I could go a lot of ways with this blog post, but I think I will take this chance to say that you really need an agent that knows when you need to offer the full price, when you need to go over the list price, and when you can make an offer for less than the list price. The market is so fast right now that I think a lot of buyer’s realtors are not looking at comparable sales in the neighborhood. They are just so focused on getting an offer in fast that they don’t really take the time to figure out what the house is really worth. To me, that is the most important bit of info we have to offer a client. I have had many listings in the past year where I had a ton of showings and didn’t get an offer on the first day on the market. Then the next day a realtor is frantically trying to reach me saying they are about to send a full price offer and are so glad the house is still available. Well, if I had 12 buyers look at the listing and didn’t get an offer, truth be told the house probably wasn’t worth the list price……but I am not going to tell the buyer’s realtor that, I just tell them where to send the offer.

That’s the data. I am by no means saying the market is slowing down. It is after all the middle of winter which is usually the slowest time of the year. I do think the market will stay strong for quite some time. I just wanted you all to know that not every house sells the first day on the market for full price or more. I want to help separate the perception of what the market is like compared to the reality.

Always think about selling in a Buyer’s Market

I am always sad when I see a house sell that has been sitting on the market forever.

Sometimes a house will stay on the market for a long time because the initial listing price was too high, or the house didn’t show well.  Both of those can happen to perfectly good homes.  The reason those don’t sell is because of the seller, not the house.  Often these houses sell once the list price gets reduced into the realm of reality, or the seller does some cosmetic repairs that make it easier for a buyer to want the house.

Any time I show a house like this, my client usually asks me why the house hasn’t sold yet.  If I check the listing history and see that they started out asking a crazy high price and have reduced it, I tell them it is okay to buy it.  If I look through old pictures or see fresh paint, new flooring, etc, I tell them it is okay to buy the house.  Sometimes sellers just need to learn how the market works at the expense of their days on market.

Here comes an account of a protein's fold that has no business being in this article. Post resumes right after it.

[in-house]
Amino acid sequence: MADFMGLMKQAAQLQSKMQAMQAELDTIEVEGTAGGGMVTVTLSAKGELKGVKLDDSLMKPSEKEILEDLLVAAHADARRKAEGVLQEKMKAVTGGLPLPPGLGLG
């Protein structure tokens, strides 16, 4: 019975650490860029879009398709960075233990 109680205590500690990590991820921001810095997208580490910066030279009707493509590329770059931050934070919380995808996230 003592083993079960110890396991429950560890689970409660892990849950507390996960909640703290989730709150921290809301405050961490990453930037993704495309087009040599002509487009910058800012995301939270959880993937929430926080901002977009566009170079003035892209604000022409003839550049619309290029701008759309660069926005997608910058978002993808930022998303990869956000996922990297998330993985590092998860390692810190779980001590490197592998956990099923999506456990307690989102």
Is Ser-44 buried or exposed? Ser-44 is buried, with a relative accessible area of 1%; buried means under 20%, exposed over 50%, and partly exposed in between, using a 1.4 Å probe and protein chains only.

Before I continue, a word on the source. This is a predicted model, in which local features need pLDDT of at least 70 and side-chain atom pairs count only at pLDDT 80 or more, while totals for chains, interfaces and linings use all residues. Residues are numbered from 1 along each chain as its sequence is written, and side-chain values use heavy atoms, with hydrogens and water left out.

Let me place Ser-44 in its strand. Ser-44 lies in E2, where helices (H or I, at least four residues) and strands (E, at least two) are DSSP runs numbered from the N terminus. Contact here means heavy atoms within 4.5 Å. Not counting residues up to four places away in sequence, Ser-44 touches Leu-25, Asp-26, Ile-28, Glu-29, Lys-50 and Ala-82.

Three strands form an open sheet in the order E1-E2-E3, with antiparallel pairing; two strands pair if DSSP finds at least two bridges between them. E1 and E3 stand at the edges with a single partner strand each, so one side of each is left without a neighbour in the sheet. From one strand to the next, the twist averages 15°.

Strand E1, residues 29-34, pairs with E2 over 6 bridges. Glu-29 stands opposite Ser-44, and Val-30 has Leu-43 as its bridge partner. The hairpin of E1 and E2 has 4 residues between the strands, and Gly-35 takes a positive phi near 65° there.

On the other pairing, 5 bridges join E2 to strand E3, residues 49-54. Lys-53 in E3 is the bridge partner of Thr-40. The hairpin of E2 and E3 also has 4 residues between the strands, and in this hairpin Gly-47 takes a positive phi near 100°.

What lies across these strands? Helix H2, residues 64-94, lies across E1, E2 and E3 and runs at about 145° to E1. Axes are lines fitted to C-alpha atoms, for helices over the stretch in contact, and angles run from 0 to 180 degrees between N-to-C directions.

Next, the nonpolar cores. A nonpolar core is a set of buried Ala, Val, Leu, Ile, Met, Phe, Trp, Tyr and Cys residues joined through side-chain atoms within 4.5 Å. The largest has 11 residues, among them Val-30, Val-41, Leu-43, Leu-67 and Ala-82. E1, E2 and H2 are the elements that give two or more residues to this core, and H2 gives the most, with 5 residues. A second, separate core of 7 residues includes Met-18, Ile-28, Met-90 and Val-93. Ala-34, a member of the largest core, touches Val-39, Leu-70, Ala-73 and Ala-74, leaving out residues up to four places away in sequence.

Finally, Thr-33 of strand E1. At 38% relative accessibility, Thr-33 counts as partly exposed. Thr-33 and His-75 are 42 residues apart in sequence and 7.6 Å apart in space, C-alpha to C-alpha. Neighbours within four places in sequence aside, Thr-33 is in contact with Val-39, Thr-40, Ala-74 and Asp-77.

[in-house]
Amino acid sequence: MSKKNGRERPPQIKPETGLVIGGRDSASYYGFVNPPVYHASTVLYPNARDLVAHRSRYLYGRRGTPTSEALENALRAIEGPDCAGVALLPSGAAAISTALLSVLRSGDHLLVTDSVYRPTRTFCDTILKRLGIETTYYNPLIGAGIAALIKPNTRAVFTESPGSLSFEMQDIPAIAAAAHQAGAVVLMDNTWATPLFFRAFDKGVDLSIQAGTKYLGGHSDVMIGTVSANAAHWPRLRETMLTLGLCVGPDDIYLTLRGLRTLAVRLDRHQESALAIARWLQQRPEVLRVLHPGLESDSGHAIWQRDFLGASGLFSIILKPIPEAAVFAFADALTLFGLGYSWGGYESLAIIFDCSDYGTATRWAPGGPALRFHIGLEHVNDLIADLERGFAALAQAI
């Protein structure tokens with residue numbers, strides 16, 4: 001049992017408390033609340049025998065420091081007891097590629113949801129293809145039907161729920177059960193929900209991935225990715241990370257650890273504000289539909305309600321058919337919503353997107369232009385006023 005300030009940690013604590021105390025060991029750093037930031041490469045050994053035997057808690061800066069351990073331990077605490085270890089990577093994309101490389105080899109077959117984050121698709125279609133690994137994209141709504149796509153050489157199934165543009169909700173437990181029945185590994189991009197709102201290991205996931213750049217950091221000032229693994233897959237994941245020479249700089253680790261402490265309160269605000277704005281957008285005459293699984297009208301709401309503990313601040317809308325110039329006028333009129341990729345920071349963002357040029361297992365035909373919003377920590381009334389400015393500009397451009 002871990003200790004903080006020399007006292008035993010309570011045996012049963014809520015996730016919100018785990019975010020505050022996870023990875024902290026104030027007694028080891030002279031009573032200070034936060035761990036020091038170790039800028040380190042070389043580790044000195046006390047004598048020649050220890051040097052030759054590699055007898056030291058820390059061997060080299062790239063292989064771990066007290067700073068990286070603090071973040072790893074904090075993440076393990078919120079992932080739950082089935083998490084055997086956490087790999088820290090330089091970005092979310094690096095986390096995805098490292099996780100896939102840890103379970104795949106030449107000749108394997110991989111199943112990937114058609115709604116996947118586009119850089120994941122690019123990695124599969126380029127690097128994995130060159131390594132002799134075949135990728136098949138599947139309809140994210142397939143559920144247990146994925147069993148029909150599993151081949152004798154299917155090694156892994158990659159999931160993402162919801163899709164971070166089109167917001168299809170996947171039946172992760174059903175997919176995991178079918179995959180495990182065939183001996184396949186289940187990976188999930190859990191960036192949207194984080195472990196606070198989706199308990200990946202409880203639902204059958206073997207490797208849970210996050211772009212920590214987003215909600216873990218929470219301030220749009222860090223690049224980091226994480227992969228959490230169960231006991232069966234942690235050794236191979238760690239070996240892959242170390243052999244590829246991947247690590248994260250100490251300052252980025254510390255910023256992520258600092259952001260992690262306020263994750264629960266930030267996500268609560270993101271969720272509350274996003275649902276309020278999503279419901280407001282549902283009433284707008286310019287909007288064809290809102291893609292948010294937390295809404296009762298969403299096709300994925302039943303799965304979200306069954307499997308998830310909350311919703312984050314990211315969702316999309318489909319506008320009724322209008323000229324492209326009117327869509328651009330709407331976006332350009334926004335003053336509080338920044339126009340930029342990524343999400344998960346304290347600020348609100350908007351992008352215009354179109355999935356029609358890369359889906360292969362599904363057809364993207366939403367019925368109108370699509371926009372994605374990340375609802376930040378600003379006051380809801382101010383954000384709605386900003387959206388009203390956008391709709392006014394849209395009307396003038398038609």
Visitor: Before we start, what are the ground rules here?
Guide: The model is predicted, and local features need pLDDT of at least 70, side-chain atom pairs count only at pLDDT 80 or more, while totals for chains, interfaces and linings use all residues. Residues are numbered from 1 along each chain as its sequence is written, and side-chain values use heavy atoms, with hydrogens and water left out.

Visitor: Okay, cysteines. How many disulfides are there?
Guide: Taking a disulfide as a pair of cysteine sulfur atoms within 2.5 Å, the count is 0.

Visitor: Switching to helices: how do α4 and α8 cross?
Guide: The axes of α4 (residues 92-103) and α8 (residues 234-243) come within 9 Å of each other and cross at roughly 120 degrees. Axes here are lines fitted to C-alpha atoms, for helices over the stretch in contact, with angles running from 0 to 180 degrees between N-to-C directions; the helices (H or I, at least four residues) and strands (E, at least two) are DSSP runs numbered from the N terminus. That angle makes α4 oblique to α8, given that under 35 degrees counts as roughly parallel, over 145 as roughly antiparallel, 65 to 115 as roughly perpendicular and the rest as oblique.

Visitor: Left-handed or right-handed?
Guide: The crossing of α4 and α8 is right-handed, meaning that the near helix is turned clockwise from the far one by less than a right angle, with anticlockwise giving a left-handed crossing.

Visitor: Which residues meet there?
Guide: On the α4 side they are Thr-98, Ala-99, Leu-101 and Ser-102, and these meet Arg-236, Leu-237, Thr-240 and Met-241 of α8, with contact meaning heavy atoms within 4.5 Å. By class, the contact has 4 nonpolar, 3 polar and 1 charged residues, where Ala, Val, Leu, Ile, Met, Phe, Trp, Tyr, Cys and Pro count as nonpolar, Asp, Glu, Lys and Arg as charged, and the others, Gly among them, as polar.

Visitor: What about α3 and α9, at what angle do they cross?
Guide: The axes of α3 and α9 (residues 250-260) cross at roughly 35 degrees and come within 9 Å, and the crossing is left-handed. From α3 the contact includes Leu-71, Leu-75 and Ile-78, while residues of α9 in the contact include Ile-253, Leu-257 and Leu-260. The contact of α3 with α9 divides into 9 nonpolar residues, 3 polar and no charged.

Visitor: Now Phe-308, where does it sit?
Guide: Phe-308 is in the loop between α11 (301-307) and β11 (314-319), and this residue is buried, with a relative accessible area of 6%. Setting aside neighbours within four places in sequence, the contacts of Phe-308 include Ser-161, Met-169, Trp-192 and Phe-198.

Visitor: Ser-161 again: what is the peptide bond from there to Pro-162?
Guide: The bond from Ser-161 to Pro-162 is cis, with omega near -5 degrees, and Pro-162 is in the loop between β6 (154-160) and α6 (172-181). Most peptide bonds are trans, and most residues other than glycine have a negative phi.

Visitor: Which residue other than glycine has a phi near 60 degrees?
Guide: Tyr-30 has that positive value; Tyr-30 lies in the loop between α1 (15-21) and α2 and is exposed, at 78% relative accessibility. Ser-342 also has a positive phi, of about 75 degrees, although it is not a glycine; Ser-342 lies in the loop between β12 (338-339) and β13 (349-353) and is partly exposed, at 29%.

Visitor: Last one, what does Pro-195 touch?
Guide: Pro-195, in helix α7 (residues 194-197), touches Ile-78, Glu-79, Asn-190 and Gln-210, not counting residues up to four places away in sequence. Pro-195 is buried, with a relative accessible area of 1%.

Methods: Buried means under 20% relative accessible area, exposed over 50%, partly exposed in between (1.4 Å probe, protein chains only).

Then there are those houses that don’t sell because of the property itself.  Those are the ones that I advise my clients to not buy.  These houses usually have some odd feature like a crazy floor plan, a poorly done addition, a neighbor whose yard is full of junk or has a dozen dog kennels in their backyard, the house backs to commercial or industrial zoned properties, etc.  These houses eventually sell to somebody who doesn’t mind that particular negative.  Whenever I show one of these houses, I like to tell my client that while they might not mind the negative feature that has kept the house from selling, it will be extremely difficult for them to sell it when it is their turn.   The past 8 years have been a pretty strong Seller’s Market.  If a house took a long time to sell in a hot market, can you imagine how long it would take in a Buyer’s Market?

I have lived through lots of markets.  I have seen seller’s who paid too much in a hot market lose money when they needed to sell.  I have seen people get their dream job and move out of town, only to have to make two mortgage payments until their old house sells.  I have seen people who felt lucky to have gotten their house in multiple offers struggle to sell it in a Buyer’s Market.